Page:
RTE redesigns the Angelus

Catholic call to prayer appeals to all, according to national broadcaster

Jean Francois millet angelus

When is a Catholic call to prayer not a Catholic call to prayer?

When it’s a moment of reflection for everyone.  Or as RTE’s Head of Religious Programmes, Roger Childs, put it,  conducive to prayer or reflection for people of all faiths and none.  Indeed. A Catholic symbol, imposed on RTE in 1950 by John Charles McQuaid would be an ideal way of inviting members of other faiths and of none to pause and reflect.

That’s why RTE have redesigned their daily religious broadcast, awarding a contract to the Divine Word Missionaries to produce six new short films at an undisclosed cost, films that might better include all our citizens in the daily call to prayer.

This is important since, under our constitution, the State is not allowed to endow any particular religion, and therefore, the national broadcaster is likewise prevented from doing so, though that hasn’t stopped it in the last 65 years.  I’ve done so much reflecting on the words of Mr Childs that I think we could make it even more inclusive with one simple change.

Get rid of the bells. Nothing about them is essential to fundamental Catholic teaching. Catholic dogma would get along just fine if no bells existed in the whole world, so all it would take to silence the critics is one simple change.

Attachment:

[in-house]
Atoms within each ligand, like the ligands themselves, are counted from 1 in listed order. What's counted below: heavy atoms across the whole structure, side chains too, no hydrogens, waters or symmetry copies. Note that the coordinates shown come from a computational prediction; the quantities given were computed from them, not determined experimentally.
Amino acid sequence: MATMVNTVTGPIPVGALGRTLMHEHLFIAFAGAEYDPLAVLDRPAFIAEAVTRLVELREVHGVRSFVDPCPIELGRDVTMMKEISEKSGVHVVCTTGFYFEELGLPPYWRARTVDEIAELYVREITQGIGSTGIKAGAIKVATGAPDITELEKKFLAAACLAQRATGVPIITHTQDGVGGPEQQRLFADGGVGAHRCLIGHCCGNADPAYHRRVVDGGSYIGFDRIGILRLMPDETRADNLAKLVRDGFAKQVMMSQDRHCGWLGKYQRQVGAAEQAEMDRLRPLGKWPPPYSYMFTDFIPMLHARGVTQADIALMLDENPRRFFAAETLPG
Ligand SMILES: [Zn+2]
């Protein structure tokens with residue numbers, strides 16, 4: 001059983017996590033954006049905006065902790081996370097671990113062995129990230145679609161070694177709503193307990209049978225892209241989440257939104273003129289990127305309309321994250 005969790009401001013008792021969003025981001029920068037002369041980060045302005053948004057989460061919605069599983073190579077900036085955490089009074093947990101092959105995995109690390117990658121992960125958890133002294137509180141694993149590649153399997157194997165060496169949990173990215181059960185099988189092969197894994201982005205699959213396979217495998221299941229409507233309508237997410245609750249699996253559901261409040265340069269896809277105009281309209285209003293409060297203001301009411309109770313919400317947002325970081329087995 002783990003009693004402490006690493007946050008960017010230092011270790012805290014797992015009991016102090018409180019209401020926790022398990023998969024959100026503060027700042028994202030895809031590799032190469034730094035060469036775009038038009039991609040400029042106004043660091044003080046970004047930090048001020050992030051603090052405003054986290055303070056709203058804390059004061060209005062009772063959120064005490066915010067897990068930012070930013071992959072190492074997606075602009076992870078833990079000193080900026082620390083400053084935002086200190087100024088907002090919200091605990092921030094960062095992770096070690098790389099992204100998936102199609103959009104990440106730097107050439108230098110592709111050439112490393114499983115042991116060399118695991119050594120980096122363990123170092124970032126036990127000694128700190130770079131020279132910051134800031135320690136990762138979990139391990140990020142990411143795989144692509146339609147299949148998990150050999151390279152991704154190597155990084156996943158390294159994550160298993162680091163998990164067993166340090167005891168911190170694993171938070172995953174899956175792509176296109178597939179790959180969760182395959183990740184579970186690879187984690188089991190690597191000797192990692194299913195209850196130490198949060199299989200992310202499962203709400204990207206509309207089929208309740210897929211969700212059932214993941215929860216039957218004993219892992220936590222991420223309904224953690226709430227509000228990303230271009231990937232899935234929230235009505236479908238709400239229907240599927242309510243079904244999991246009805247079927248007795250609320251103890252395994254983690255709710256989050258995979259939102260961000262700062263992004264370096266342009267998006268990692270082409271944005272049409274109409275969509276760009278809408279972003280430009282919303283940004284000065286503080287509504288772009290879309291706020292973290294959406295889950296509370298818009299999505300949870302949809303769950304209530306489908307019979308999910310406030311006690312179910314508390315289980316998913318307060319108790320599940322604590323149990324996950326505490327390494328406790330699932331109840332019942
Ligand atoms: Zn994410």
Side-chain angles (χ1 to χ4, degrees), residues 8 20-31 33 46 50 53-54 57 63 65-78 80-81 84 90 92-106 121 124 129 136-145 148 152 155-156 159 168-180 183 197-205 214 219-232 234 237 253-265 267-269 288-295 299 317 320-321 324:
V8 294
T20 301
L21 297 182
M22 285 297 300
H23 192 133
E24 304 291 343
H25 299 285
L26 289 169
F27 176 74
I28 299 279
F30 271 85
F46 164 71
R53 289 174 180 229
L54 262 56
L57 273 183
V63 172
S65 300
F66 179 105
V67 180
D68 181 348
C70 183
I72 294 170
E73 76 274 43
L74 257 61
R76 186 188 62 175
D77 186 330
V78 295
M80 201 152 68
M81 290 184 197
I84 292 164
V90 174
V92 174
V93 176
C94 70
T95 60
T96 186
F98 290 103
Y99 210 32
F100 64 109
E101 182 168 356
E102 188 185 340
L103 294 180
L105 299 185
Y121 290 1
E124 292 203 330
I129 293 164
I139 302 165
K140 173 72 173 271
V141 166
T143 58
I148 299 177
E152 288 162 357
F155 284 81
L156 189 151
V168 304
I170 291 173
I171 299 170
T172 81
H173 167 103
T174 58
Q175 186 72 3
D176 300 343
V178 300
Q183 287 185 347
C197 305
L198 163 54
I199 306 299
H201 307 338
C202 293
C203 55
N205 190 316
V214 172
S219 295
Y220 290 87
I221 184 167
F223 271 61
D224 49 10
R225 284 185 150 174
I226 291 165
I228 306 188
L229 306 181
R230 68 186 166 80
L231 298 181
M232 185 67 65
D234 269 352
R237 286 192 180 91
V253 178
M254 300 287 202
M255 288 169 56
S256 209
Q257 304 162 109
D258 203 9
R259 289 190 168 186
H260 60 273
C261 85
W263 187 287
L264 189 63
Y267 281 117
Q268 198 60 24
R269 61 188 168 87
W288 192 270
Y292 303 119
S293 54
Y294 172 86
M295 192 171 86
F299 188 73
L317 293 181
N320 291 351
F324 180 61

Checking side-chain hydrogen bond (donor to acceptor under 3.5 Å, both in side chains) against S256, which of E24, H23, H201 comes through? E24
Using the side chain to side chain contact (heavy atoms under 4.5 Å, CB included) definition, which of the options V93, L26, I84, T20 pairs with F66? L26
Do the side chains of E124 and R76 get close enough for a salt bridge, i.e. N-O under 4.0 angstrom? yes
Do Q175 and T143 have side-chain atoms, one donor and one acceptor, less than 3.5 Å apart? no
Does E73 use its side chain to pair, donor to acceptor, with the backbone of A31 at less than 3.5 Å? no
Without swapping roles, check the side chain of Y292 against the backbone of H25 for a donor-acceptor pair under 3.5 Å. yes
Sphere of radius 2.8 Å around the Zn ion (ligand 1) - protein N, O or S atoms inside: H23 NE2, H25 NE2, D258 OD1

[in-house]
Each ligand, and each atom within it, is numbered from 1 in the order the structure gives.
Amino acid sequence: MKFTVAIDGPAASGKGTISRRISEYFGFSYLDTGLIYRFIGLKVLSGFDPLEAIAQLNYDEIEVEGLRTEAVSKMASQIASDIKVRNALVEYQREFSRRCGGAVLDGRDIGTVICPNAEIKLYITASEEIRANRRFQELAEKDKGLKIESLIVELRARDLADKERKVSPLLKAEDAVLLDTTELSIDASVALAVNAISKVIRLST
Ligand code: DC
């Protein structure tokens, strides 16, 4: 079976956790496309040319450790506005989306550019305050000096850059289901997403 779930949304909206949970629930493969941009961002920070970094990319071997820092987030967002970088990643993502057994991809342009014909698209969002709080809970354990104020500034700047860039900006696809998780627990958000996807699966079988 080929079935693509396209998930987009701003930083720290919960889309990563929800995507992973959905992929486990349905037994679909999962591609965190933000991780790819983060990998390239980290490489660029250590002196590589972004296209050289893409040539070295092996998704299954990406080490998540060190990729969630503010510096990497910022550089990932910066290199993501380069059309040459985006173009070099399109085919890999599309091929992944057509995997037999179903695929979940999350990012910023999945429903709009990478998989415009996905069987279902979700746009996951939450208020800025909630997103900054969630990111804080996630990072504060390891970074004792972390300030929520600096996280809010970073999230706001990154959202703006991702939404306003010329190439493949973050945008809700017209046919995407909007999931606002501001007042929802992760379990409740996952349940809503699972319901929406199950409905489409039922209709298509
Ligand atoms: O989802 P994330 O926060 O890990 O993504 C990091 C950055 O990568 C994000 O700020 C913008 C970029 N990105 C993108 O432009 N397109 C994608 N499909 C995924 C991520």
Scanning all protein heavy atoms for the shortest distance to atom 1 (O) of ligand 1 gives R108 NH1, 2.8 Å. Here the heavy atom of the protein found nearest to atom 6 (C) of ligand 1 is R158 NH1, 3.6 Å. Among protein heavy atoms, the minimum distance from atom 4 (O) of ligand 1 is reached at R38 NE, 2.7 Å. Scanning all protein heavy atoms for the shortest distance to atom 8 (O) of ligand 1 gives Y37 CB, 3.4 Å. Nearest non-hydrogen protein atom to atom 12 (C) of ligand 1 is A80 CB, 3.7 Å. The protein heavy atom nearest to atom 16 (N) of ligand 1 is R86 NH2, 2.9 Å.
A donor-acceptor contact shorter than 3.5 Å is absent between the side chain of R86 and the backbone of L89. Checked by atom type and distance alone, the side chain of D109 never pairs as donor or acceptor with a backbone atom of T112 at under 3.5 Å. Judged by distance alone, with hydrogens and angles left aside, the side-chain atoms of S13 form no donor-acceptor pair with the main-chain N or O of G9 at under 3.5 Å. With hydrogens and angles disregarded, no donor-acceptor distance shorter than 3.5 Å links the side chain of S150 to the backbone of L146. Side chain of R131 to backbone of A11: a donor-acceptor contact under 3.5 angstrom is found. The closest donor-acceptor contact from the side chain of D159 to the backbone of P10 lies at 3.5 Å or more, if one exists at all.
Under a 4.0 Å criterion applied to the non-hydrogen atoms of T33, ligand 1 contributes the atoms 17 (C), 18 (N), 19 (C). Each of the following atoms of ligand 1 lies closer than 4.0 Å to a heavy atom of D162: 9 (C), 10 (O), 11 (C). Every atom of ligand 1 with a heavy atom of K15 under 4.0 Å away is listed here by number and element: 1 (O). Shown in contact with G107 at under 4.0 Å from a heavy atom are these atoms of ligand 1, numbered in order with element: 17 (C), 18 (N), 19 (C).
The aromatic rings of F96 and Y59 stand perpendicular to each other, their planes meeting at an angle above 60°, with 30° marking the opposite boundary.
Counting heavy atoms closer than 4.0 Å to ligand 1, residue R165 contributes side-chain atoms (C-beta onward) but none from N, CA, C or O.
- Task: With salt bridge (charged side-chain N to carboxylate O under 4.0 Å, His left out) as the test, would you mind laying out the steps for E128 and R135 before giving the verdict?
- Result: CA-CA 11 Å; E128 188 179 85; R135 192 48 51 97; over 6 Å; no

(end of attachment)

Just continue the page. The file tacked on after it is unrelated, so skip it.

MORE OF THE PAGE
Let’s have a new sound. A truly inclusive sound and perhaps a different sound every day, embracing adherents of all faiths and of none. What do you think?

Some have proposed a meerkat screaming Alan! but others have suggested Alan Partridge shouting Dan! across a car park. I think they’d both work.

Sometimes we could have a male voice choir chanting Bong. The Mangelus.

But for true inclusivity, what about a fat hairy biker revving a Harley rhythmically or a mean slide guitarist playing a variation on Texas Flood?

My personal favourite is a simplified version of the Deliverance theme.  The Banjelus.  Perhaps with a muted squealing in the distance.

Suffering and deliverance. What could be more appropriate?

 

 

 

7 thoughts on “RTE redesigns the Angelus

  1. When is the Angelus not the Angelus…..
    RTE will never revert from changing it completely….
    People have very short memories, for years RTE used To have a catholic Christian symbol in their logo..
    The St. Bridget’s Cross… It’s only about 10 yrs ago they tipexed over it on there screens…
    Next step now is to get rid of that catholic mass on the Sunday mornings on RTE 1
    Down with that sort of thing….

  2. I like the sound of church bells and although non religious have found a certain comfort in that sound, possibly because I was brought up on it. I remember living in England and missing that simple tradition. It’s also handy for telling the time.

  3. I respect the beliefs of all peoples no matter how small the minority. What a pity the price of that is the lack of respect for the majority belief in this country. Please remember you in RTE. you are servants of the people for as long as you wish to remain but do not take it upon yourselves to be moral or political police for us. Just concentrate on giving us some good programmes to enjoy. That’s your job which you are failing badly.

  4. The bells are perfect.
    Custom and practice; solid stuff.
    RTE and all within it, merely a distraction.

    p.s. I believe in the catholic God too.

Leave a Reply

This site uses Akismet to reduce spam. Learn how your comment data is processed.